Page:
McDonald’s Is Coming Back From the Dead, and It’s Not Just Because of $1 Soda

It has been a long haul back from the dead for McDonald’s (MCD) , but signs of life on several fronts continue to emerge.

Credit Suisse analysts raised their price target on McDonald’s by $8 to $157 in a note Thursday, citing “continued momentum,” as “SSS [same store sales] among our franchise contacts have accelerated from 1Q17 [first quarter], with each month better than the last.”

The stock closed Thursday’s session at $151; a year ago, it was trading at $123.09.

Among the menu offerings that have driven growth are $1 soft drinks and $2 small coffee. Additionally, franchisees told the analysts that improving food quality and operations may now be helping to lift market share. Other upcoming changes are a nationwide roll-out of chicken tenders that are now being tested.

“While the stock may look expensive on an absolute basis, we note McDonald’s trades in line or at a discount to most of its franchise peers,” wrote Credit Suisse analysts Jason West and Jordy Winslow.

McDonald's hoping for a continued turnaround.
McDonald’s hoping for a continued turnaround.
McDonald’s earnings were $4.8 a share in 2015 and $5.72 a share in $2016, but Credit Suisse estimates they will be $6.33 and $6.75 a share, respectively, for 2017 and 2018.
Meanwhile on Wednesday, McDonald’s and other companies, including Uber, were able to breathe a sigh of relief when the Department of Labor (DOL) withdrew informal guidance on joint employment and independent contractors instituted in 2015 and 2016 under the Obama administration. The withdrawal nixes the classification of companies with franchise business models as “joint employers” along with their franchisees, reported New York on Thursday.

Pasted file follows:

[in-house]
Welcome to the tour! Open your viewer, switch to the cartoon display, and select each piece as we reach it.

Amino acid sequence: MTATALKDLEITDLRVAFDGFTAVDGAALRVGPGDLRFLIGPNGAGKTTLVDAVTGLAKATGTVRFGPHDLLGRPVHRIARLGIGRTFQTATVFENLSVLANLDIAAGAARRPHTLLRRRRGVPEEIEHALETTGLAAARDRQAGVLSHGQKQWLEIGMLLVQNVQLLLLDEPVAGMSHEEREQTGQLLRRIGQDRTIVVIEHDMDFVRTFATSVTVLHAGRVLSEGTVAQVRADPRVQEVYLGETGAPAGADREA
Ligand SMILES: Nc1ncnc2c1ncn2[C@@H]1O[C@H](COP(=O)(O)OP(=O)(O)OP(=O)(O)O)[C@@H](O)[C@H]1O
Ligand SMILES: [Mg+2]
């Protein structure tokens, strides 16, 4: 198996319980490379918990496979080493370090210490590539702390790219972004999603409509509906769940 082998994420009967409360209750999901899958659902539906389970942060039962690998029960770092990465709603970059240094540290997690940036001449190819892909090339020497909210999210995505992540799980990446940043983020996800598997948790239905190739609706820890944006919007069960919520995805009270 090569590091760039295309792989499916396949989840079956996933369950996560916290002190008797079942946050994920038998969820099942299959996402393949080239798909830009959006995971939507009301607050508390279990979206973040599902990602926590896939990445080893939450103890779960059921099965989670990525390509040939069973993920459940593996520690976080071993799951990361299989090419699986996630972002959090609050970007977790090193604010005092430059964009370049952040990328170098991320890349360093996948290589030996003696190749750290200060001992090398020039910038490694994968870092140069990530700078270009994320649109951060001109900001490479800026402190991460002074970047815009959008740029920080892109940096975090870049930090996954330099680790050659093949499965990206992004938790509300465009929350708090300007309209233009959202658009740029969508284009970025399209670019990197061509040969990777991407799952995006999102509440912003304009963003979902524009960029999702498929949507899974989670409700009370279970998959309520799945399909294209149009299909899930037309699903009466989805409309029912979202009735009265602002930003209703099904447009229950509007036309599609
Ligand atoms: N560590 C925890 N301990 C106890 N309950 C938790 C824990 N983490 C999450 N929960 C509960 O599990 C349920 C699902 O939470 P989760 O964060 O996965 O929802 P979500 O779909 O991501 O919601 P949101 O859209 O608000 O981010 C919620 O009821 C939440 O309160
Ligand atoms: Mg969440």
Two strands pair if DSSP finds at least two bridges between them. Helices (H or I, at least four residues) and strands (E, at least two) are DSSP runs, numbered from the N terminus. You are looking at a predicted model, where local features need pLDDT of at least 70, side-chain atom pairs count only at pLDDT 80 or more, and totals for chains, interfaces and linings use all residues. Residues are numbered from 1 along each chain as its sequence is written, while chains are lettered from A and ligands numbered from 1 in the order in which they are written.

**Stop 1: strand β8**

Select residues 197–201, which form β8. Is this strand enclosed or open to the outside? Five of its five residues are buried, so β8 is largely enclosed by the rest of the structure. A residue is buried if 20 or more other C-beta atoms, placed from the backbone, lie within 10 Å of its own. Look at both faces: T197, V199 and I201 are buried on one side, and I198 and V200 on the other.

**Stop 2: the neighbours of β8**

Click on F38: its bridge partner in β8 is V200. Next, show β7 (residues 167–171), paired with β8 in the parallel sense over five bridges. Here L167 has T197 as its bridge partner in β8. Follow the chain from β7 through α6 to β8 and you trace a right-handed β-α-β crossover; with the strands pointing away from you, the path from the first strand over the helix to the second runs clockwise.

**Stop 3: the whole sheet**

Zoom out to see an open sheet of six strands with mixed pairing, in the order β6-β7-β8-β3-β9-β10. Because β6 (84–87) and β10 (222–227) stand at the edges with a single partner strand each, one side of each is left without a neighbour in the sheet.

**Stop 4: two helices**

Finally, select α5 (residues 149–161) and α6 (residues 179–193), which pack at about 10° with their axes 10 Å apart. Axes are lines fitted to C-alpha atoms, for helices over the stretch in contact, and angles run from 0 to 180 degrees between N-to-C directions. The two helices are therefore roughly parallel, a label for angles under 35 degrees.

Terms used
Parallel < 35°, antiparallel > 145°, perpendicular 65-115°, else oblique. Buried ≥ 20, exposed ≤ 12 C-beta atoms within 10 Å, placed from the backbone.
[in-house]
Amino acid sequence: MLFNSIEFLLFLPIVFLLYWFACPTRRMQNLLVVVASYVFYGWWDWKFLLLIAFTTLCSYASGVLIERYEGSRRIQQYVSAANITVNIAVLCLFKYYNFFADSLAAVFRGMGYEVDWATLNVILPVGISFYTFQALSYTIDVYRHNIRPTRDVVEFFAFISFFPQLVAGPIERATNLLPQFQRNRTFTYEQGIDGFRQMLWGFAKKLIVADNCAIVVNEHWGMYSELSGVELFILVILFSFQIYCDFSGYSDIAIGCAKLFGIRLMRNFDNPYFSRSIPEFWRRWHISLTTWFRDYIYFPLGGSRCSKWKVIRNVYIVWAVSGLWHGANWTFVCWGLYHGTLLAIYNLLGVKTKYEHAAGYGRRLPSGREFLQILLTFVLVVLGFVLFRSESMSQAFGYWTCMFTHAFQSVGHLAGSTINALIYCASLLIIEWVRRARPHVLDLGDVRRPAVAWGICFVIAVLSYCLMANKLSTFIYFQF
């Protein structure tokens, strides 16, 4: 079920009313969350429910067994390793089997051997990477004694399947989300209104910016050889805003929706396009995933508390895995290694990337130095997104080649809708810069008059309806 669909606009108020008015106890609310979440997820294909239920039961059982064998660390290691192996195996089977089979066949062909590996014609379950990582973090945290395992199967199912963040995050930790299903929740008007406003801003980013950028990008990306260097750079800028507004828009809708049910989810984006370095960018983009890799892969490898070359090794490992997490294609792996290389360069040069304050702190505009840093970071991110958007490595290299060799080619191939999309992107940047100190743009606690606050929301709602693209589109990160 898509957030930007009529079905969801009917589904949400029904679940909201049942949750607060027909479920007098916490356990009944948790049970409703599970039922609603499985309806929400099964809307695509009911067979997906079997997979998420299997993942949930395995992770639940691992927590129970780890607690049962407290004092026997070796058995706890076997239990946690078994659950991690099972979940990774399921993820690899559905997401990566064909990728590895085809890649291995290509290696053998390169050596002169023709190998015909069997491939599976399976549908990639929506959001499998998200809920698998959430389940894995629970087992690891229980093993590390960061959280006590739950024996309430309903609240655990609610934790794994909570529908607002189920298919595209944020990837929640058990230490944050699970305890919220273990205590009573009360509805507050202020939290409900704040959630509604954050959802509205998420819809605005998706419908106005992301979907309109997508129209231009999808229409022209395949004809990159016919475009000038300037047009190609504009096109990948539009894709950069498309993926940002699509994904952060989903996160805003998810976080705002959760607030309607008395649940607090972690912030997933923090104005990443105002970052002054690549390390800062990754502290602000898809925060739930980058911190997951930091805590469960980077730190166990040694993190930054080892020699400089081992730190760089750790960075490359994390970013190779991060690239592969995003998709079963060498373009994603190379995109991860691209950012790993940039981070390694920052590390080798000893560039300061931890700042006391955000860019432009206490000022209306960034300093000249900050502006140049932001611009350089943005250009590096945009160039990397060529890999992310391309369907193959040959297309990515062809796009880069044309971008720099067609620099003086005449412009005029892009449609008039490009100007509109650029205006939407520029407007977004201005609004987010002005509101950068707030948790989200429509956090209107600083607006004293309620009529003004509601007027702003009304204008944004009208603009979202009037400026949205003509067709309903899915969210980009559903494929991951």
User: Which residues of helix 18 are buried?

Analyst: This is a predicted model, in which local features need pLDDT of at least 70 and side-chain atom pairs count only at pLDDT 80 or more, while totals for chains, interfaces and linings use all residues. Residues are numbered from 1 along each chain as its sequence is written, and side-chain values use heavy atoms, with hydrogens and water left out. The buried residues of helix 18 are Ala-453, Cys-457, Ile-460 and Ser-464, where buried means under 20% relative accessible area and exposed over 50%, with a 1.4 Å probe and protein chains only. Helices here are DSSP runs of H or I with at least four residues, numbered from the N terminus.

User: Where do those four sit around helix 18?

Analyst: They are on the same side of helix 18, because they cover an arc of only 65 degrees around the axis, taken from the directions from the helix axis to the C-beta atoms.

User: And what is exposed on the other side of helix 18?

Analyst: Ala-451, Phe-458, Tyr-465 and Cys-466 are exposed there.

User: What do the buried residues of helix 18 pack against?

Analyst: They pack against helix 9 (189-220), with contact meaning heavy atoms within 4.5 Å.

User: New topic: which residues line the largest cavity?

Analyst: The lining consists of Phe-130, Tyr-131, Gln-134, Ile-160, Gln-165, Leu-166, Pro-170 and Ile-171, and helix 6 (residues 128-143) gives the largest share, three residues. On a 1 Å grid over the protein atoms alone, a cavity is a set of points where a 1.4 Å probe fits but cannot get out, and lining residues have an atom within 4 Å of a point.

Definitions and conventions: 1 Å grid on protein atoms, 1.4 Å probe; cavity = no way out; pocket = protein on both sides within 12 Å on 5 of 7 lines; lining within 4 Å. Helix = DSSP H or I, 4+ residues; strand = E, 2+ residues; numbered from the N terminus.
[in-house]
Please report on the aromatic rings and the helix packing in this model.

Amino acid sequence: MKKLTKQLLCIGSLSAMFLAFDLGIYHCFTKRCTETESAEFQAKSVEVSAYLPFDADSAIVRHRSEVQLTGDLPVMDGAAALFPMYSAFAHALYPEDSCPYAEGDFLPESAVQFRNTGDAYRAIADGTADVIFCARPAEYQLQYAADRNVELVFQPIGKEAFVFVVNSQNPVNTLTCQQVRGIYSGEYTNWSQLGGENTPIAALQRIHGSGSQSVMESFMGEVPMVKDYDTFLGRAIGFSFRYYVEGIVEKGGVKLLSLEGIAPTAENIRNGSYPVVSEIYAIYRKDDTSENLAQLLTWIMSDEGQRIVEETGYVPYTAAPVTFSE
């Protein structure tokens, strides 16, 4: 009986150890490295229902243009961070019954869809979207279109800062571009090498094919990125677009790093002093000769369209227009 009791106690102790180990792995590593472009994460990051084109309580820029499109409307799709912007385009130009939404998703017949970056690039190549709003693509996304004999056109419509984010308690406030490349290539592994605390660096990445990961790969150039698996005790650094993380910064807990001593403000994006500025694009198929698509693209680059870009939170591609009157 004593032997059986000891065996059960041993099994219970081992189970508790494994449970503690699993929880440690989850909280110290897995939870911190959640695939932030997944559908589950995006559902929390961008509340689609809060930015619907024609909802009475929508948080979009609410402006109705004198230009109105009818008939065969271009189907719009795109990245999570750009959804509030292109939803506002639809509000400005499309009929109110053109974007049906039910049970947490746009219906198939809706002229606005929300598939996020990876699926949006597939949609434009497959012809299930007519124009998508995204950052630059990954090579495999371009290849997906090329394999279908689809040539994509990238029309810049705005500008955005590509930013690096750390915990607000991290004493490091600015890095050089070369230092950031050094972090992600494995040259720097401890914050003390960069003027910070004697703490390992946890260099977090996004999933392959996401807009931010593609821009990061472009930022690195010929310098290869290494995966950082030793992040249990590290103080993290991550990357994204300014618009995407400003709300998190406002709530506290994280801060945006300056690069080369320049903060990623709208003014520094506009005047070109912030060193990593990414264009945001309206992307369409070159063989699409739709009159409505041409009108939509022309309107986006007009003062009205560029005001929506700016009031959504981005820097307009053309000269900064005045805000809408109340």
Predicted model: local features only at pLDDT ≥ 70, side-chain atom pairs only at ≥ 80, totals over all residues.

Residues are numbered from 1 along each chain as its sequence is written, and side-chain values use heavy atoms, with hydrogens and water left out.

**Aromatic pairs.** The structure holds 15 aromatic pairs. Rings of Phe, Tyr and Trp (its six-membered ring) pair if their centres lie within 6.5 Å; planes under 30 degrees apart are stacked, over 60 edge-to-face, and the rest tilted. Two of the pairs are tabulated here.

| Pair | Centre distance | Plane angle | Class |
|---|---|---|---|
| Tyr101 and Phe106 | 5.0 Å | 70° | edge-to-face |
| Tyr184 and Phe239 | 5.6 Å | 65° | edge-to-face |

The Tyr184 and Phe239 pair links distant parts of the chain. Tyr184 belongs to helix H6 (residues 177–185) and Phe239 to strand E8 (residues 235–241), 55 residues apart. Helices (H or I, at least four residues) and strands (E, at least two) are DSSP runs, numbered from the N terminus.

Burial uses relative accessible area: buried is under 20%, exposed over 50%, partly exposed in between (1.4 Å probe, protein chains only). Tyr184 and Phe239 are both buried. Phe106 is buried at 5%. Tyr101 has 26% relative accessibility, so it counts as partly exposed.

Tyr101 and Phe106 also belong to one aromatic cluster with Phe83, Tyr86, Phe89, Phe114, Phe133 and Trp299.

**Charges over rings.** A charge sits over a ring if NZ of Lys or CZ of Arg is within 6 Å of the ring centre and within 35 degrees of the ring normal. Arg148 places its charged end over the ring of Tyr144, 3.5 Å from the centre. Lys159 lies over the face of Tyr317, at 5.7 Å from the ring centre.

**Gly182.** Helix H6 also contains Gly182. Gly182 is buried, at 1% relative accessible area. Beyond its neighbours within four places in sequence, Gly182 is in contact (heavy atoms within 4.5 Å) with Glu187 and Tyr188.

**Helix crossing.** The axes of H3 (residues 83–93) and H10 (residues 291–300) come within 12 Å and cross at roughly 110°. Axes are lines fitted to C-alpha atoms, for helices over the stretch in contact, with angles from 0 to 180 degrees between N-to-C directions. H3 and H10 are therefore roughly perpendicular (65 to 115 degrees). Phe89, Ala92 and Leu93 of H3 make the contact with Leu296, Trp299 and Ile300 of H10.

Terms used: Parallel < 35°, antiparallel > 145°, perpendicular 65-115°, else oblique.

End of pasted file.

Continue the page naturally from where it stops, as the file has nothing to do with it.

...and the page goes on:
Trade organizations representing the fast-food industry praised the Trump administration’s move.

“While uncertainty surrounding the new joint employer standard has made it harder for America’s 733,000 franchise owners to grow and create new jobs, we are pleased the DOL is taking first steps to undo this costly regulation created by the previous administration,” said International Franchise Association Vice President of Public Affairs Matt Haller Wednesday in a press release. “That being said, we urge Congress to now recognize the uncertainty and unreasonable costs the NLRB’s [National Labor Relations Board] decision has placed on franchise owners and take action to find a true permanent solution.”

In a pending case involving McDonald’s, the NLRB has sided with the fast food workers, wrote New York.

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